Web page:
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Judge Sets Date in Michael Peterson Civil Trial

Posted January 11, 2007

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— A Durham judge Thursday set June 25 as the trial date in a wrongful death lawsuit against Durham novelist Michael Peterson.

Peterson was convicted in October 2003 of killing his wife, Kathleen Peterson. She was found dead at the bottom of a staircase in the couple's home in December 2001.

Caitlin Atwater, Peterson's stepdaughter, filed a civil lawsuit against him in October 2002, but the trial has been delayed because of Peterson's criminal appeal and a bankruptcy filing.

Superior Court Judge Orlando Hudson, who presided over the criminal case in 2003, will handle the civil lawsuit. He also ruled Thursday that Atwater's attorney, Jay Trehy, can depose the convicted killer within the next few weeks.

It would be the first time Peterson's responses to such questions would be on record during a court proceeding. He never testified at his criminal trial and has maintained that his wife died because of a fall down the stairs.

Hudson ruled in 2004 that, based on the criminal conviction, Peterson was financially liable for Kathleen Peterson's death. Jurors in the civil trial would have to determine only how much money Atwater should receive, if any.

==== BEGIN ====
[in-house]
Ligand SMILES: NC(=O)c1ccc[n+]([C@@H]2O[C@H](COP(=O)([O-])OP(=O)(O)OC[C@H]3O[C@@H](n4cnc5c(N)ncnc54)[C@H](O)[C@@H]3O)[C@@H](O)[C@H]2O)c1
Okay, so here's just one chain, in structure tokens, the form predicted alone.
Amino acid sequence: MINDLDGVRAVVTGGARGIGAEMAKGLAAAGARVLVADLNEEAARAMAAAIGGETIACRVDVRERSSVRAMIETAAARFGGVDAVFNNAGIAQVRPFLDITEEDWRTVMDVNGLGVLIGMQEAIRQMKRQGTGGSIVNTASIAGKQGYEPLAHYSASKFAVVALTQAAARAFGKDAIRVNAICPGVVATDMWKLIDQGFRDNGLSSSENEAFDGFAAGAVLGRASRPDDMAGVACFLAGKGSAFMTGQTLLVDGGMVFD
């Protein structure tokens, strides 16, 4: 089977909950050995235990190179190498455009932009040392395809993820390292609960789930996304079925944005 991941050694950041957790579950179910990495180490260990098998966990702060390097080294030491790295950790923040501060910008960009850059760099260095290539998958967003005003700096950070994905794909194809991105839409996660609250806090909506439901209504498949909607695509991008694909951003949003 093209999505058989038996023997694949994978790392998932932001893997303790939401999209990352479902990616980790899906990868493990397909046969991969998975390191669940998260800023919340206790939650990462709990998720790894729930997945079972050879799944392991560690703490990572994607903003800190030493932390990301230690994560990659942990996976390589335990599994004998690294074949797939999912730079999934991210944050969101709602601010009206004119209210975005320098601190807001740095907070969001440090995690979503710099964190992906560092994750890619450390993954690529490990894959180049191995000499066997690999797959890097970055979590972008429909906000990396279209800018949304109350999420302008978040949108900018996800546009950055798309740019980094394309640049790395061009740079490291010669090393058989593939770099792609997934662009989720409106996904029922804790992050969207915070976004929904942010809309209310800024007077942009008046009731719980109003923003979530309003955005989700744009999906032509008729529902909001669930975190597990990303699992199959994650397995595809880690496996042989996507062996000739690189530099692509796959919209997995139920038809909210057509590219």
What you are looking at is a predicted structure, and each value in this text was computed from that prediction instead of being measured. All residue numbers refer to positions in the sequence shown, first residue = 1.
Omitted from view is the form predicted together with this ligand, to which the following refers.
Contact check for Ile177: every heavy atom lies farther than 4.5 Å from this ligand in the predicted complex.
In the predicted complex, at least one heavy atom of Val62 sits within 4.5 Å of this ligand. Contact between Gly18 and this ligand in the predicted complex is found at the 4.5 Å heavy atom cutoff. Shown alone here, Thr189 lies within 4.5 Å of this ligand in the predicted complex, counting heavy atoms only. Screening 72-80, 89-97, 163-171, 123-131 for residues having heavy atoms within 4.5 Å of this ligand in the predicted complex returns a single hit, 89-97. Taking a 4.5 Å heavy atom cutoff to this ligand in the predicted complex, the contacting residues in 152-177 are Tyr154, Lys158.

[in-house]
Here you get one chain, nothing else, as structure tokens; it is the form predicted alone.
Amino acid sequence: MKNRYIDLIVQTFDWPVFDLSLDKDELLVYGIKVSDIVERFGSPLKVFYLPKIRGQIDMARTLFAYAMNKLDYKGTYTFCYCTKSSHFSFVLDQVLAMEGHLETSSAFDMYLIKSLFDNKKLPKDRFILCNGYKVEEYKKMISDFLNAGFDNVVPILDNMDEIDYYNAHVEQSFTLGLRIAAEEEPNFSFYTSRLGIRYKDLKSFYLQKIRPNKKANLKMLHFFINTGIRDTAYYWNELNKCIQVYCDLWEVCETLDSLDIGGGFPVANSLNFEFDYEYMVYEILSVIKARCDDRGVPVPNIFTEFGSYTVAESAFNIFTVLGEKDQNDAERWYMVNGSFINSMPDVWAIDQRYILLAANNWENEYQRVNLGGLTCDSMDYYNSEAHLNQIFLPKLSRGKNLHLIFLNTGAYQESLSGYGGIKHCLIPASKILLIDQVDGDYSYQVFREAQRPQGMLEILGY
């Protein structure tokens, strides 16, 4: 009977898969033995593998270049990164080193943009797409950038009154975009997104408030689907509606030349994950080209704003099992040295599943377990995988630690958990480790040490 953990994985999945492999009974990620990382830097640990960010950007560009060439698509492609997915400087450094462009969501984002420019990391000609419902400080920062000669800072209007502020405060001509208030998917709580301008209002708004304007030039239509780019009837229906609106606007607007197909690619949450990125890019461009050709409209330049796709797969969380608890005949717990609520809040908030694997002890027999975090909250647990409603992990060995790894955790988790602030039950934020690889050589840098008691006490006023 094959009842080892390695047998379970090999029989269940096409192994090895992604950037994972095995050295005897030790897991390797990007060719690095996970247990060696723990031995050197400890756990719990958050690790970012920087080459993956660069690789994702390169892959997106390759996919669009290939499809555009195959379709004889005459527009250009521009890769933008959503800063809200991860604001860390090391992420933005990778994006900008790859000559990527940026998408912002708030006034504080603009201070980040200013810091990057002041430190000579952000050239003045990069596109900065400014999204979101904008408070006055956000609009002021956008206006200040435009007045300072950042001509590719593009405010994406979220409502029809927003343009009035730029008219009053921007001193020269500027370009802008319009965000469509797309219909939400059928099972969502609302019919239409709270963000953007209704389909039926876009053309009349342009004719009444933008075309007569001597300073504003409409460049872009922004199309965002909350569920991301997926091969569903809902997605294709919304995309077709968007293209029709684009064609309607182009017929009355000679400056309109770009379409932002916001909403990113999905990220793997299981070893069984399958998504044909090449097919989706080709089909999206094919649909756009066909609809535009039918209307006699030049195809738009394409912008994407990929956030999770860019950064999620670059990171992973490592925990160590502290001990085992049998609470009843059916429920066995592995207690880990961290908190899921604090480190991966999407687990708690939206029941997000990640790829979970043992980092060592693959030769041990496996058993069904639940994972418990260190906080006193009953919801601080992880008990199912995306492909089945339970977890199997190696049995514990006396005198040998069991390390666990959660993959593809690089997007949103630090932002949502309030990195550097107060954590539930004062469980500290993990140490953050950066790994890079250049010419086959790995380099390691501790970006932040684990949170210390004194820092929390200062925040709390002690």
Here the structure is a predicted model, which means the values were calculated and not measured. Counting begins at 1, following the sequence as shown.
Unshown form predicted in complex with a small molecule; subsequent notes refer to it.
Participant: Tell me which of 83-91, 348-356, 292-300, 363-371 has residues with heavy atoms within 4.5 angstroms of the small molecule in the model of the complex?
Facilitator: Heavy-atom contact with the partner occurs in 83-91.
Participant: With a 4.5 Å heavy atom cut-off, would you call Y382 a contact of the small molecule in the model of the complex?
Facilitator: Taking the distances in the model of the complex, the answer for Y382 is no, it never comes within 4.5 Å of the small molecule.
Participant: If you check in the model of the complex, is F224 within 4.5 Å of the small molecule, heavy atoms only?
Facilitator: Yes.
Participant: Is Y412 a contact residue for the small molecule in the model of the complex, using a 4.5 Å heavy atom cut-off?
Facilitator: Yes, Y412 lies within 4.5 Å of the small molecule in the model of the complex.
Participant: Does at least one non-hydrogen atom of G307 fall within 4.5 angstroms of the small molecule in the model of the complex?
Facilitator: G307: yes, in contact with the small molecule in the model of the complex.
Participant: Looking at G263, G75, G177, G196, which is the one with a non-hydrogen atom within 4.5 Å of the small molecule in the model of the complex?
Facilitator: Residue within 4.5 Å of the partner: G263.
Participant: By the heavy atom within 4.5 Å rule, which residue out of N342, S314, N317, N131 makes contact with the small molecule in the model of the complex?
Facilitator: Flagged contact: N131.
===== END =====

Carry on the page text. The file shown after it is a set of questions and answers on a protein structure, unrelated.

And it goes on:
Trehy acknowledged that Peterson probably wouldn't be able to pay Atwater, but said that a civil judgment would show that Kathleen Peterson's life had value.

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  • seankelly15 Jan 12, 2007

    Why is it an act of vengeance? Peterson killed his wife and then pocketed the proceeds of her estate. His civil attorney has done everything he could to keep this suit from moving forward. One of the claims was that Peterson was bankrupt and therefore any judgment would be largely symbolic. No, Caitlin’s attorney has argued, Kathleen’s life had value and so the suit should proceed. But, back to my original question; why is it an act of vengeance?

    Hudson sentenced Peterson on the basis of the jury’s verdict; not because of a prejudice by Hudson regarding Peterson’s guilt or innocence

  • Lovinlif Jan 12, 2007

    Why would somebody need a judge to prove that a life has value? It sounds more like an act of vengence twisted into an moral mask. And speaking of the judge, why is the same judge that sentenced Peterson now presiding over his civil case? Isn't that allowing for some prejudice?

    Make no mistake, I think the guy should be penalized in every manner possible for what he did. I'm simply curious about the moral and ethical justifications involved.